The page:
I often feel like an outsider to the conversations from friends in the United States. Although they’re super smart people, my self-imposed exclusion has never been to ignorance to the issues they’re faced with everyday as citizens of the United States. More than anything, it’s that their issues seem like less hostile versions of the ones experienced by people in other parts of the world, namely my own home country Belize. In the case of LGBTQ issues, Belize like other Central American or Caribbean countries is far behind where we ought to be, and threat of violence continues to be a source of fear and frustration for LGBTQ people in the country. Although not a Jamaican himself, Steve Orlando recognizes the violence faced by people of queer identities in that country and along with artist JD Faith has crafted a narrative in Virgil that’s astonishing in not only its brutal depiction of violence, but also for making me realize that it’s a comic I had been craving for many years. Virigl follows the titular character, a cop that walks the streets and happily shakes down gangstas with the rest of his crew. In secret, he meets with his long-term partner and talks over for the umpteenth time their plan to eventually escape the country for a safer, more open life elsewhere. Their plans are screwed with once the cops figure out Virgil’s secret, killing his small group of LGBT friends and kidnapping his partner. The rest of the comic covers Virgil’s quest to recover his partner, and deliver violent justice to any cop or criminal on his path.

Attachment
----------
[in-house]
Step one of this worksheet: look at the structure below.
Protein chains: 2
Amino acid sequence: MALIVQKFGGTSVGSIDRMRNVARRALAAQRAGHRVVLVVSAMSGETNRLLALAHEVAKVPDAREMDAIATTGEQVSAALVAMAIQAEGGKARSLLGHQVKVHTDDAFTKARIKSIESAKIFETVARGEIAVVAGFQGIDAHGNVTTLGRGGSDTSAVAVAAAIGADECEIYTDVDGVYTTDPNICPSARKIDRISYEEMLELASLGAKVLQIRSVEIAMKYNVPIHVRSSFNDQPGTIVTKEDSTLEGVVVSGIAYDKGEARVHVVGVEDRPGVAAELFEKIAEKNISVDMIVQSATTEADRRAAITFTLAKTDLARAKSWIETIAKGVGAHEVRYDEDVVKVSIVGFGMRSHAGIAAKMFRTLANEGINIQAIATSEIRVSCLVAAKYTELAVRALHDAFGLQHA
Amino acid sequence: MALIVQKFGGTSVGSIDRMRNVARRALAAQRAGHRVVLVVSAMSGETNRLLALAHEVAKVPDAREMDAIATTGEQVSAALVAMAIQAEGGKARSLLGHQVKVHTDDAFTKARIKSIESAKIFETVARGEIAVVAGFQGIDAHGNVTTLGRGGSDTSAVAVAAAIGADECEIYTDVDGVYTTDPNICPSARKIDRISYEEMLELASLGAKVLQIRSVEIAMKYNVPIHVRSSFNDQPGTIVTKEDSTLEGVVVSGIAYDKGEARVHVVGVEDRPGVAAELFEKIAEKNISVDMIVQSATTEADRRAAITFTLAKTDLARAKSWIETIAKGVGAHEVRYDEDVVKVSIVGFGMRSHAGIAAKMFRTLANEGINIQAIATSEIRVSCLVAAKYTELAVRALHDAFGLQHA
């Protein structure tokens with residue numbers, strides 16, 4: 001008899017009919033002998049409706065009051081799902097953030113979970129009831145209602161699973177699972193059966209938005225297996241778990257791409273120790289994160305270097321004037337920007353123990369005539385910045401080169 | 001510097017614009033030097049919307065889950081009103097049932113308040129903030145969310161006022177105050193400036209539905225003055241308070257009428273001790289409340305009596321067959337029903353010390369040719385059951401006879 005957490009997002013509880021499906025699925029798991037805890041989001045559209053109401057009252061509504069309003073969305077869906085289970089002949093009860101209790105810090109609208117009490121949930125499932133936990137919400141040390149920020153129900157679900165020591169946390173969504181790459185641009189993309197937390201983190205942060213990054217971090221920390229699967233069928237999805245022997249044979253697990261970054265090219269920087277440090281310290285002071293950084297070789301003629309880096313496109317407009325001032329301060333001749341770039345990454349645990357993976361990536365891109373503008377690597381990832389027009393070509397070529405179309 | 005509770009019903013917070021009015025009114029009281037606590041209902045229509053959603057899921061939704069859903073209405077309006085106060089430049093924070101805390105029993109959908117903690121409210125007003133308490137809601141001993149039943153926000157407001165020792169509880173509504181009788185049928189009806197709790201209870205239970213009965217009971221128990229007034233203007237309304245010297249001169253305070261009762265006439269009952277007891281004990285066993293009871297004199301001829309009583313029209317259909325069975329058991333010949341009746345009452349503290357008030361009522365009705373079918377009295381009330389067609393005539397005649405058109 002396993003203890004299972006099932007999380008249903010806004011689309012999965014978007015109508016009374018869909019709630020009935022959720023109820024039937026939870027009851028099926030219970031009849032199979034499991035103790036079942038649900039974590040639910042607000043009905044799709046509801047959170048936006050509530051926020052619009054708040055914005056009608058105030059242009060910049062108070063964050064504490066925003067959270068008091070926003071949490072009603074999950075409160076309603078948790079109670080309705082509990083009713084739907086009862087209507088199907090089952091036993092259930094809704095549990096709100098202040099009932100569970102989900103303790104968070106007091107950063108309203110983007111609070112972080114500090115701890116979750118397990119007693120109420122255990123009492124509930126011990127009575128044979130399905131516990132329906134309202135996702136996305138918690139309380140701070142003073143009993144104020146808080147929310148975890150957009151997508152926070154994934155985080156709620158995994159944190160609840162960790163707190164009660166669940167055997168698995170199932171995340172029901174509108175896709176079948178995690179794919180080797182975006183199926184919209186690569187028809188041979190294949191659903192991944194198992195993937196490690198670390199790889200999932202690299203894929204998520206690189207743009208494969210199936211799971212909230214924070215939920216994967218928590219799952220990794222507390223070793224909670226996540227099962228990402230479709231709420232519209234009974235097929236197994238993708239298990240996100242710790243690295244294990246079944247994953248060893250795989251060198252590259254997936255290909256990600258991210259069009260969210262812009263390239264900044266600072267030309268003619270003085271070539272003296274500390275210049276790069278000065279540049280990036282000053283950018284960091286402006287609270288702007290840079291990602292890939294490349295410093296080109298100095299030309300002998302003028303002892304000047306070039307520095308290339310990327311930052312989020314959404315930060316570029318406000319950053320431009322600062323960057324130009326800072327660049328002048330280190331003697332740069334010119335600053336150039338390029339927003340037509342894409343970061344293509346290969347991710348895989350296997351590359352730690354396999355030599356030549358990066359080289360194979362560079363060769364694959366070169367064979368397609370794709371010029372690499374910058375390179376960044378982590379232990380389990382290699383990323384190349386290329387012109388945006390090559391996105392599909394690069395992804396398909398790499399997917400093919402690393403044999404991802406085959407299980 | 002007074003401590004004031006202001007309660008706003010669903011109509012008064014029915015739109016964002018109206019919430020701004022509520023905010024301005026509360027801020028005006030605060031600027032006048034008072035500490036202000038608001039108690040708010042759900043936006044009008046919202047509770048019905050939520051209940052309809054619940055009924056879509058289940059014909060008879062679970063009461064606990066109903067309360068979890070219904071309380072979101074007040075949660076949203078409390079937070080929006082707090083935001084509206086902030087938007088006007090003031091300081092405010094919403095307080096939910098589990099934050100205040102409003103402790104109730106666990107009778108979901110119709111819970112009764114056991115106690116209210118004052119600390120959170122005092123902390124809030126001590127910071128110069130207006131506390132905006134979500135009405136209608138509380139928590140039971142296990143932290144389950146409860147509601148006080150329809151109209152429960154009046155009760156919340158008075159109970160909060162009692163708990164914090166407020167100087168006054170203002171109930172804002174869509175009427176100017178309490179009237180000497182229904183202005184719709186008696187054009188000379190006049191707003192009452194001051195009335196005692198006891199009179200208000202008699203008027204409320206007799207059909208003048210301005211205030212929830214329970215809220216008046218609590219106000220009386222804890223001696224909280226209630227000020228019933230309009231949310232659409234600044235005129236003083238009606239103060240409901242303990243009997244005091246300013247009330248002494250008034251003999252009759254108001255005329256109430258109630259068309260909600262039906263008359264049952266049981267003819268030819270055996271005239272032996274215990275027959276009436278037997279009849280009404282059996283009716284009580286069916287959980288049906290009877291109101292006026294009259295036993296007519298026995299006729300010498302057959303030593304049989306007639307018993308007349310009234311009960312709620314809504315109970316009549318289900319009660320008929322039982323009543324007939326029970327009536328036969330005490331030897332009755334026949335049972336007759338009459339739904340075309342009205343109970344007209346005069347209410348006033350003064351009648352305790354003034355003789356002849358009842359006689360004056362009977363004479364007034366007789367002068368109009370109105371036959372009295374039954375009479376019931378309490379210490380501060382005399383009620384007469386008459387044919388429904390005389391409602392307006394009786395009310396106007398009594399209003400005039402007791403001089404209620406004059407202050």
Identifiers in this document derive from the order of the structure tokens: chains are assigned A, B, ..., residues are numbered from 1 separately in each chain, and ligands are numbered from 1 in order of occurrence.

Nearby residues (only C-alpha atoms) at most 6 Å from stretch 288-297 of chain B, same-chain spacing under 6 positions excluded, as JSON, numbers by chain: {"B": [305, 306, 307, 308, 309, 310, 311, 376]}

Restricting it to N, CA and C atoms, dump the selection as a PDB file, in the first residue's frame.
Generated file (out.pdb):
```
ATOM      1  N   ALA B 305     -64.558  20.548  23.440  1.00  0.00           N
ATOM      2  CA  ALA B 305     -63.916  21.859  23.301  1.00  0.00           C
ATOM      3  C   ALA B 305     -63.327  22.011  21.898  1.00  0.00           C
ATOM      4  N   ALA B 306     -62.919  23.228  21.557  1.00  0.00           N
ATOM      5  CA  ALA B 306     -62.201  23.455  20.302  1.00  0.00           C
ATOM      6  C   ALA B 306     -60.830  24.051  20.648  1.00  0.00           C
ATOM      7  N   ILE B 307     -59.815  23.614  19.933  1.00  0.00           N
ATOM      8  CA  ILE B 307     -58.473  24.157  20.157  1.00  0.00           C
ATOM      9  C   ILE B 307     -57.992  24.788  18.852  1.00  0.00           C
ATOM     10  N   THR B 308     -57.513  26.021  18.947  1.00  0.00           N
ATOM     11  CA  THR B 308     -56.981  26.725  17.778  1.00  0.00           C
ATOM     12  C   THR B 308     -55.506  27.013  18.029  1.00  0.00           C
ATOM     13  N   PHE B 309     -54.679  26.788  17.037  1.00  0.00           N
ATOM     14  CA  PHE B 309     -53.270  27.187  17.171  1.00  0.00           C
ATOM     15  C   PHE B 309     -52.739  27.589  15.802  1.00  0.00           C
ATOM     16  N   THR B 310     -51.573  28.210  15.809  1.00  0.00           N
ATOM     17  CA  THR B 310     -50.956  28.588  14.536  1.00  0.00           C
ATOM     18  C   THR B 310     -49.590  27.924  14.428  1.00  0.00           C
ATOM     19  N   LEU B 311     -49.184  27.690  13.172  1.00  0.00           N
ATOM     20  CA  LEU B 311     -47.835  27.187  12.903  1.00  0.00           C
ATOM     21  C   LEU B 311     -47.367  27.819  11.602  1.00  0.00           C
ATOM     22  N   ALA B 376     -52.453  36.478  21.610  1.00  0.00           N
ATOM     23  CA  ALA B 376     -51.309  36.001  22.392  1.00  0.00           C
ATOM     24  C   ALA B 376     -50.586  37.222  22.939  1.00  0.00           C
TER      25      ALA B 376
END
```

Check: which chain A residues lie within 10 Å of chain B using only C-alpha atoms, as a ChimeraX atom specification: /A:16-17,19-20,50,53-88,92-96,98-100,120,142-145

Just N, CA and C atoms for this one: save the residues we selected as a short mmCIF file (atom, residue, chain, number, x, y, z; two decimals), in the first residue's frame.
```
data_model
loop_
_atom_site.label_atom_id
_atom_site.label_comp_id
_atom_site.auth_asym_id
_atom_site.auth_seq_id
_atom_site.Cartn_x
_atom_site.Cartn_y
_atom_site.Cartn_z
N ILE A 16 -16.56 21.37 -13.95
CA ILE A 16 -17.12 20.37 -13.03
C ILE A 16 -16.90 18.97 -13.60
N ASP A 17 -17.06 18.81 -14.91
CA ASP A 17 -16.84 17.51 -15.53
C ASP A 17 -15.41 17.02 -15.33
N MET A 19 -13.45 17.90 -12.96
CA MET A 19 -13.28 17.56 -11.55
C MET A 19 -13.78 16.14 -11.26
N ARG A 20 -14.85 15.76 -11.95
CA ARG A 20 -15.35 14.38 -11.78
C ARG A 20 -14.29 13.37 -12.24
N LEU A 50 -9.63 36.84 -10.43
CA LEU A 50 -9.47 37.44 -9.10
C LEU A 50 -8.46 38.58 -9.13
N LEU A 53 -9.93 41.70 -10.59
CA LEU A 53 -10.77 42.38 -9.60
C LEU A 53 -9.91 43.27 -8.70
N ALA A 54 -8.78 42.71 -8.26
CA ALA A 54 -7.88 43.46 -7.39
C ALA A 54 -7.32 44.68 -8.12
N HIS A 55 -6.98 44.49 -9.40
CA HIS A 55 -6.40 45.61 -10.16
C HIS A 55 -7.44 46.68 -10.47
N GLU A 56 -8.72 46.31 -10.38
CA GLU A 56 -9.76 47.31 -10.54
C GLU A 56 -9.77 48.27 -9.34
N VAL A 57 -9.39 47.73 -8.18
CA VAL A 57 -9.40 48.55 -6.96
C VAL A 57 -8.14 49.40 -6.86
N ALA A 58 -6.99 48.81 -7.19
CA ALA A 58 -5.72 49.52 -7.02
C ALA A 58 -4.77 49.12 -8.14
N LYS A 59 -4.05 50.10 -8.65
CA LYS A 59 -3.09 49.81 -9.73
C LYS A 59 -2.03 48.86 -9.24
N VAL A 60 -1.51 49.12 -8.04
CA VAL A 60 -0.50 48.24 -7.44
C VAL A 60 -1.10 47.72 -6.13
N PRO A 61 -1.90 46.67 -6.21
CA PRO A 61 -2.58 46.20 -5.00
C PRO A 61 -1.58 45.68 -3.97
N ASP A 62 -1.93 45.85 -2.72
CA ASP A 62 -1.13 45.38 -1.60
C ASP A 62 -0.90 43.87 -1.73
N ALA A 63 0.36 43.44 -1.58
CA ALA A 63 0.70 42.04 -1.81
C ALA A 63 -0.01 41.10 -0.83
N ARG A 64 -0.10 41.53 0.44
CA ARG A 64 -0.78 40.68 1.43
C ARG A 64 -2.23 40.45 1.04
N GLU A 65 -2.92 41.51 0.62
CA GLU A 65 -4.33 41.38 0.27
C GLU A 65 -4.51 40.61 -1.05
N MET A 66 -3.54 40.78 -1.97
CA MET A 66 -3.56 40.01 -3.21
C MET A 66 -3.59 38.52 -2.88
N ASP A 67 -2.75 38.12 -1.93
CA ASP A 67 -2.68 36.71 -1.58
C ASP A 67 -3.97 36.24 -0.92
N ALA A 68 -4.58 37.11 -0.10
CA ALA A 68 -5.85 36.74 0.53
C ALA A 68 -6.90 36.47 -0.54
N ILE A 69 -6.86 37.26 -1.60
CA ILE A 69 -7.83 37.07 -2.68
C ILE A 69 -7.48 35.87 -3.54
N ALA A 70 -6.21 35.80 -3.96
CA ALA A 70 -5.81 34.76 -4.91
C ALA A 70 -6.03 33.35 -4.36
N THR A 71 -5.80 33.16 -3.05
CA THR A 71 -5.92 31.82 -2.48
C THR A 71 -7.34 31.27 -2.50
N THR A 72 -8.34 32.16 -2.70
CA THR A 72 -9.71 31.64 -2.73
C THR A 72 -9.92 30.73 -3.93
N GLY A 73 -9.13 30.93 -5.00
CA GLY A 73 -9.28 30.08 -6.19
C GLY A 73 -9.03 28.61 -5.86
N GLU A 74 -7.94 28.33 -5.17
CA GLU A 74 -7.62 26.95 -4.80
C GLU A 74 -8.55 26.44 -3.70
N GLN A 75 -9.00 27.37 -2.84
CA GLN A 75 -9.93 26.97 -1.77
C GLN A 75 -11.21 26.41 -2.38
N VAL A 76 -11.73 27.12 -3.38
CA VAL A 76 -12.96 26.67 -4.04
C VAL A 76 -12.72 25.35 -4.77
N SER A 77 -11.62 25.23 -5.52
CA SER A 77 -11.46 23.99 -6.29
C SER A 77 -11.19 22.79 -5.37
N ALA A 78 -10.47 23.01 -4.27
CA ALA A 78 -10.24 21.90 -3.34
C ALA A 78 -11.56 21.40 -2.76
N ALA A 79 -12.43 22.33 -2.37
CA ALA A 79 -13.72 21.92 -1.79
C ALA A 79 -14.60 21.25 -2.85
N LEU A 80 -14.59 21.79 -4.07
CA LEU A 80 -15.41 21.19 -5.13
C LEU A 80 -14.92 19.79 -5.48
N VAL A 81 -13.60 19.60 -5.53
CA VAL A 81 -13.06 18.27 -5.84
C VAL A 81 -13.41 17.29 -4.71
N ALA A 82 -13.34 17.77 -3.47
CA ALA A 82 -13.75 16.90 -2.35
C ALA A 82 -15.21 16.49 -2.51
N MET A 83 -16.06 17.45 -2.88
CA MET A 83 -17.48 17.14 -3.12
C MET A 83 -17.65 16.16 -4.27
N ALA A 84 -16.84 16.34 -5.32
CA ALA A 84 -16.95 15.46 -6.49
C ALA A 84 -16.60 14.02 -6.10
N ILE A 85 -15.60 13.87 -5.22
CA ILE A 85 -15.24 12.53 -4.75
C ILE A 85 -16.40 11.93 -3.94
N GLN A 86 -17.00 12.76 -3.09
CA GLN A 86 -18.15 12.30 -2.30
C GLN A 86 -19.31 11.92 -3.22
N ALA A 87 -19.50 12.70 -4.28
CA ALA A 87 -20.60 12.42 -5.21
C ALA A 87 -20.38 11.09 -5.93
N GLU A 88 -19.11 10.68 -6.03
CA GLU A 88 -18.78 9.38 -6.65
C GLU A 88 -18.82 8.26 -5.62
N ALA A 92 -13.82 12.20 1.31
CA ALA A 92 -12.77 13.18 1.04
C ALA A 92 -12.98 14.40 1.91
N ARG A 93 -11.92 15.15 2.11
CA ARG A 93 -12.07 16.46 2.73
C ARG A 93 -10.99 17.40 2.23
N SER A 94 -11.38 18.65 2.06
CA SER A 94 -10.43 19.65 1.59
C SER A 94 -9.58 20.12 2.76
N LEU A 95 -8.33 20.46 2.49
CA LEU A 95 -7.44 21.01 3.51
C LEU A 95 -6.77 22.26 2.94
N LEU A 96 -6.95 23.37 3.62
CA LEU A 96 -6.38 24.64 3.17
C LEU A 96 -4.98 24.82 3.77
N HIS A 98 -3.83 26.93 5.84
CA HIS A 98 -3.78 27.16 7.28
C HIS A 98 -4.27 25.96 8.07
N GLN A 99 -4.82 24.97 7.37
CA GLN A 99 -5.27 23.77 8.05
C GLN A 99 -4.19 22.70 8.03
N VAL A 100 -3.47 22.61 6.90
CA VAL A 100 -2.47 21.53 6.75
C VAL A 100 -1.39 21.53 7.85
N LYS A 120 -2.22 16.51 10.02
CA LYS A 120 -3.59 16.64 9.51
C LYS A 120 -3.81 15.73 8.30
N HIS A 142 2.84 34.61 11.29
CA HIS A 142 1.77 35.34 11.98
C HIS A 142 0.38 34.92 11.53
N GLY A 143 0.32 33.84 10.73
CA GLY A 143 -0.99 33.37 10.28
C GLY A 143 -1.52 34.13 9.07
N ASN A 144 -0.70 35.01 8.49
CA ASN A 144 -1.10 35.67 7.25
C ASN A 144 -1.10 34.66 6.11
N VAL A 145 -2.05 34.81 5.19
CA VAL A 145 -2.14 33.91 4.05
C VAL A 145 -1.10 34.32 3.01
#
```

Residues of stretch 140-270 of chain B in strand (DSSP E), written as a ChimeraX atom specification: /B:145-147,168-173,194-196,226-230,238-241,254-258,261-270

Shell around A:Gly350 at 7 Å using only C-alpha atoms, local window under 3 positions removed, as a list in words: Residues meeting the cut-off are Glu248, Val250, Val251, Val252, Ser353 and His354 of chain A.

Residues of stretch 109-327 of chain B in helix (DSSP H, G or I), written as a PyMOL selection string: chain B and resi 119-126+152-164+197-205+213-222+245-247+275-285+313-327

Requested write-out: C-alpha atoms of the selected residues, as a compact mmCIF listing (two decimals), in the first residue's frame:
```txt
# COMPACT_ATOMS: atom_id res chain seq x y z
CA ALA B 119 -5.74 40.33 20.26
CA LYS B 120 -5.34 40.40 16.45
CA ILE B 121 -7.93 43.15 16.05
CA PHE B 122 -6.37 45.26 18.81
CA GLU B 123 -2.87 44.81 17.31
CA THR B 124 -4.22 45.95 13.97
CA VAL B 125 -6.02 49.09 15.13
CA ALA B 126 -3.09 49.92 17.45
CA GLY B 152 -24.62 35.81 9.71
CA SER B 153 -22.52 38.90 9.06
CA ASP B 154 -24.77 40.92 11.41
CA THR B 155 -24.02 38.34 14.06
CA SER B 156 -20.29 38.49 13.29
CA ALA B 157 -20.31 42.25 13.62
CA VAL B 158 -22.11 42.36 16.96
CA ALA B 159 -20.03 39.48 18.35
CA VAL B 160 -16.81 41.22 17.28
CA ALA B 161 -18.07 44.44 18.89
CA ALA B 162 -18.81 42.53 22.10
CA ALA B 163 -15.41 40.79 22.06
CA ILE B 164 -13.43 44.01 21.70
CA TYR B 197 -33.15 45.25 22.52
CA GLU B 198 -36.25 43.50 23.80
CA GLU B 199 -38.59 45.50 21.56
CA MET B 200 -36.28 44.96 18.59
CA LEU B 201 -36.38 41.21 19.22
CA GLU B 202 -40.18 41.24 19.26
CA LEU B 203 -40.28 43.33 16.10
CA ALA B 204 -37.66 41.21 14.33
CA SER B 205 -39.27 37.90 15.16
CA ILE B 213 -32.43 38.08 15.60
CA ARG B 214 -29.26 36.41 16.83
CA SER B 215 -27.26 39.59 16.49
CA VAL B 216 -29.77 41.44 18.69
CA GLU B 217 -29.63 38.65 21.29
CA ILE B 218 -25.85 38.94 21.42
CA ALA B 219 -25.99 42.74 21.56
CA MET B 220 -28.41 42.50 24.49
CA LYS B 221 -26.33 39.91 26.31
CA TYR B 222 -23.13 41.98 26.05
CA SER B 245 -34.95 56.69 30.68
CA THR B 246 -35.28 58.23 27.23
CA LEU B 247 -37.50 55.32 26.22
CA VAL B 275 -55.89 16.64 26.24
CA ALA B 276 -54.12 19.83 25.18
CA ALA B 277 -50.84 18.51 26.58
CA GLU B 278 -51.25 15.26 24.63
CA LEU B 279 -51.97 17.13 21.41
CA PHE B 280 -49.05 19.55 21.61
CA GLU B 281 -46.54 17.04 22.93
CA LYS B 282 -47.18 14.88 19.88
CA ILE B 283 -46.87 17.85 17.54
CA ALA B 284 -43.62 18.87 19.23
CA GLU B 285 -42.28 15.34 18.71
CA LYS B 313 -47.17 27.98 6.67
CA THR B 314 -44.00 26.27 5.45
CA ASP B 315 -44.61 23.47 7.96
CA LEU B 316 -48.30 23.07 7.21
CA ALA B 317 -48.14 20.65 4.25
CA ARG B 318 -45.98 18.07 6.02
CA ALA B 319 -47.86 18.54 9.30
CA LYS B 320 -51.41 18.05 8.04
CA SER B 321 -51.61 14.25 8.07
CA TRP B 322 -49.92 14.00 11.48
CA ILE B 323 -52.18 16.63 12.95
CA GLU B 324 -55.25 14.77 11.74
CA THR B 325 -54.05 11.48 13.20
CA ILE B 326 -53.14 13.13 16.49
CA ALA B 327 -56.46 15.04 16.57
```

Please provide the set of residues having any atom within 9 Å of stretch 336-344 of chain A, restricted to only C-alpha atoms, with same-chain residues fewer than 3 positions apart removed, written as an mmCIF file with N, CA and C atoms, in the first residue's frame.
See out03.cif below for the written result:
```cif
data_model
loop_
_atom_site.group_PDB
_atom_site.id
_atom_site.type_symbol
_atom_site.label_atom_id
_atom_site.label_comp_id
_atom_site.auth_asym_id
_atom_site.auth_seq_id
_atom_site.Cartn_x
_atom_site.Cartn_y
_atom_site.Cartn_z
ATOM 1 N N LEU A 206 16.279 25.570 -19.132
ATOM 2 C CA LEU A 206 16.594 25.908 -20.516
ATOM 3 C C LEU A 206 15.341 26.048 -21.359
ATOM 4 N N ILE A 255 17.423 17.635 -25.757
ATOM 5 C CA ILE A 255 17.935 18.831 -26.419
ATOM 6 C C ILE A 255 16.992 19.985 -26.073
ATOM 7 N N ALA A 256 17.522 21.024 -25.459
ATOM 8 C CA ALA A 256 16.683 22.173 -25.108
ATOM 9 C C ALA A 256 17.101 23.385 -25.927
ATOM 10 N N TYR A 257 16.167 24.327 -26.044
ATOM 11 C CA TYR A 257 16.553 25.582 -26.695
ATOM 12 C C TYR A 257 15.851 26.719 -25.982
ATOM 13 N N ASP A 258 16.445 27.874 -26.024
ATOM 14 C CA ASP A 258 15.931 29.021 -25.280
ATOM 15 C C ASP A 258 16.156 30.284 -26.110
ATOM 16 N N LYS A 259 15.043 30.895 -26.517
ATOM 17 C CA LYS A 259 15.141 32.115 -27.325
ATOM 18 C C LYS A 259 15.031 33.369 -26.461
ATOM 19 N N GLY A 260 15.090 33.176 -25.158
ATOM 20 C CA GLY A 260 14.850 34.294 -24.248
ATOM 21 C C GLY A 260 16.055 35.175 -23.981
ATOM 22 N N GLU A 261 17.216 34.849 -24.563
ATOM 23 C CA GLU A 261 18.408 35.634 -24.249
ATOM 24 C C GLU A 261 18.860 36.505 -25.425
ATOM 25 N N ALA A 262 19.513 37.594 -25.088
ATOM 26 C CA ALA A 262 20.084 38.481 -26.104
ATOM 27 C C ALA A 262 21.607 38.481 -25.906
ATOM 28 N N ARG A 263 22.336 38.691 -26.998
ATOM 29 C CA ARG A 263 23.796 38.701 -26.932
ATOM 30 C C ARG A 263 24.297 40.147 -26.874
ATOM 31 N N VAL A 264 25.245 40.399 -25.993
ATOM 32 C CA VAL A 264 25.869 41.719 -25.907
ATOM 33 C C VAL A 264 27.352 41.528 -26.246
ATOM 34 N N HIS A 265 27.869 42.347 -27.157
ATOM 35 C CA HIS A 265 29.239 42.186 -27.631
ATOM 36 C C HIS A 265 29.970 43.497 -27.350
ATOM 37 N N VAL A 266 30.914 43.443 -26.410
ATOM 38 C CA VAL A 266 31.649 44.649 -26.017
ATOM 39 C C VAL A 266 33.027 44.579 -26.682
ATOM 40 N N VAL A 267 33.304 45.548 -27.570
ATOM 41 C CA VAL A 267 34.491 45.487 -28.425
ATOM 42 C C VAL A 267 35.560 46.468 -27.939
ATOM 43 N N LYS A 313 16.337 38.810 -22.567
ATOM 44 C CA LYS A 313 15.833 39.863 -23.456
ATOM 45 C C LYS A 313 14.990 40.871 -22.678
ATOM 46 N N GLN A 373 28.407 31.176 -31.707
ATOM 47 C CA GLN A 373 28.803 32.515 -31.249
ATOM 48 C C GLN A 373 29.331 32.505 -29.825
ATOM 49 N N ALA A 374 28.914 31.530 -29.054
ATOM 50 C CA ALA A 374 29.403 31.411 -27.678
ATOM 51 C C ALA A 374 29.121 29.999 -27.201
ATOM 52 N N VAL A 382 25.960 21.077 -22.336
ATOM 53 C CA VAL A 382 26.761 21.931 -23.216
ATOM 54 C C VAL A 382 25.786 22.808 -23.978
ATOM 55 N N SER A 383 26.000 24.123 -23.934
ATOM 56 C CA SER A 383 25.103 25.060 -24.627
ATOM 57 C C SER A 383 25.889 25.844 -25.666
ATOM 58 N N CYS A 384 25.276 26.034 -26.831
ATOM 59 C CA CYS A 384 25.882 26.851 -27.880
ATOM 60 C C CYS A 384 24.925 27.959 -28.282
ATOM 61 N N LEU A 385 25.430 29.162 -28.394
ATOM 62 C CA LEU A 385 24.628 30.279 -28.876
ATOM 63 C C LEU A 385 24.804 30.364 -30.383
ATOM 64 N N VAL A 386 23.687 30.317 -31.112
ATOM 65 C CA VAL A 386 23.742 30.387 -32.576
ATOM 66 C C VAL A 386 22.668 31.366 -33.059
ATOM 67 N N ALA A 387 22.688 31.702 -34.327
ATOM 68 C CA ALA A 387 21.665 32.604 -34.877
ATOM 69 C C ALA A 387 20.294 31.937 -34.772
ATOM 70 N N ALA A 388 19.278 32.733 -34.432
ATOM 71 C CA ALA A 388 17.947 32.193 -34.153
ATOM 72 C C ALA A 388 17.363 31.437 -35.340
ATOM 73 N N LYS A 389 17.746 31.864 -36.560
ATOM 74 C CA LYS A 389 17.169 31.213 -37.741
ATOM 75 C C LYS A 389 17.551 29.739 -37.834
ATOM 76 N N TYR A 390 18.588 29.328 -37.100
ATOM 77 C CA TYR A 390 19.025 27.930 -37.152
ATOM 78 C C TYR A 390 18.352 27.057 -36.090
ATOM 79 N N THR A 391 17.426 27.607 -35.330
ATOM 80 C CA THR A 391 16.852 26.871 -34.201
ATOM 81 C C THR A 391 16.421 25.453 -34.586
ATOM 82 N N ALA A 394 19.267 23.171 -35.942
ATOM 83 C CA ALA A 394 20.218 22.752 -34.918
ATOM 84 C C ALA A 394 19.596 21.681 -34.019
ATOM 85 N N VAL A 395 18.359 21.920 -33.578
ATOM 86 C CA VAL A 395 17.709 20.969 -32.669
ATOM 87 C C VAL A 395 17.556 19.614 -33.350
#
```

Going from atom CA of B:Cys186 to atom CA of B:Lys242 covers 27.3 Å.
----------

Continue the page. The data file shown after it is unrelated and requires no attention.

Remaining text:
One of the best aspects of Virgil is how well the book captures the look of Jamaica. JD Faith illustrates a type of city rarely seen in comics, neither a bustling metropolis nor a rural small town but a city with a high population of low income families living in shanty homes bullied by both the police and gangs. The architecture and landscape Faith pulls off serves as a constant reminder of how geographically removed this story is from the life of LGBTQ Americans who have made remarkable strides in their own right over the past few decades. And yet despite the creeping decrepitude of the setting, Faith gives it a bold neon coloring that provides a lasting energy to the book.
Seeing as Virgil promises to be an all out action tale, a ‘queerspolitation’ story according to Orlando, much of the book hinges on whether the action is riveting throughout. Fortunately, Orlando and Faith manage to keep things fresh through a combination of changing locales and placing Virgil in increasingly desperate situations where he seems to make it out thanks to more than his fair share of luck (although given his circumstances, it’s well earned luck). Initially, I was taken aback at the mercilessness with which Virgil enacts his revenge, indiscriminately offing just about anyone hindering his quest. However, it becomes apparent over the course of the book that Orlando’s Virgil is finally lashing back out at a society that has bred shame in him for his sexuality. As a result, each blow he delivers or bullet he fires feels like a necessary scream into the abyss to not fuck with people.
Virgil doesn’t feature lengthy monologues about the history of homophobia in Jamaica, but it’s actions say volumes about the oppressive forces faced by people there. Ending on a quiet note that would probably be unlikely in a real world setting, Virgil provides a hero for a heavily marginalized group and brings light to the fact that we have so much further to go.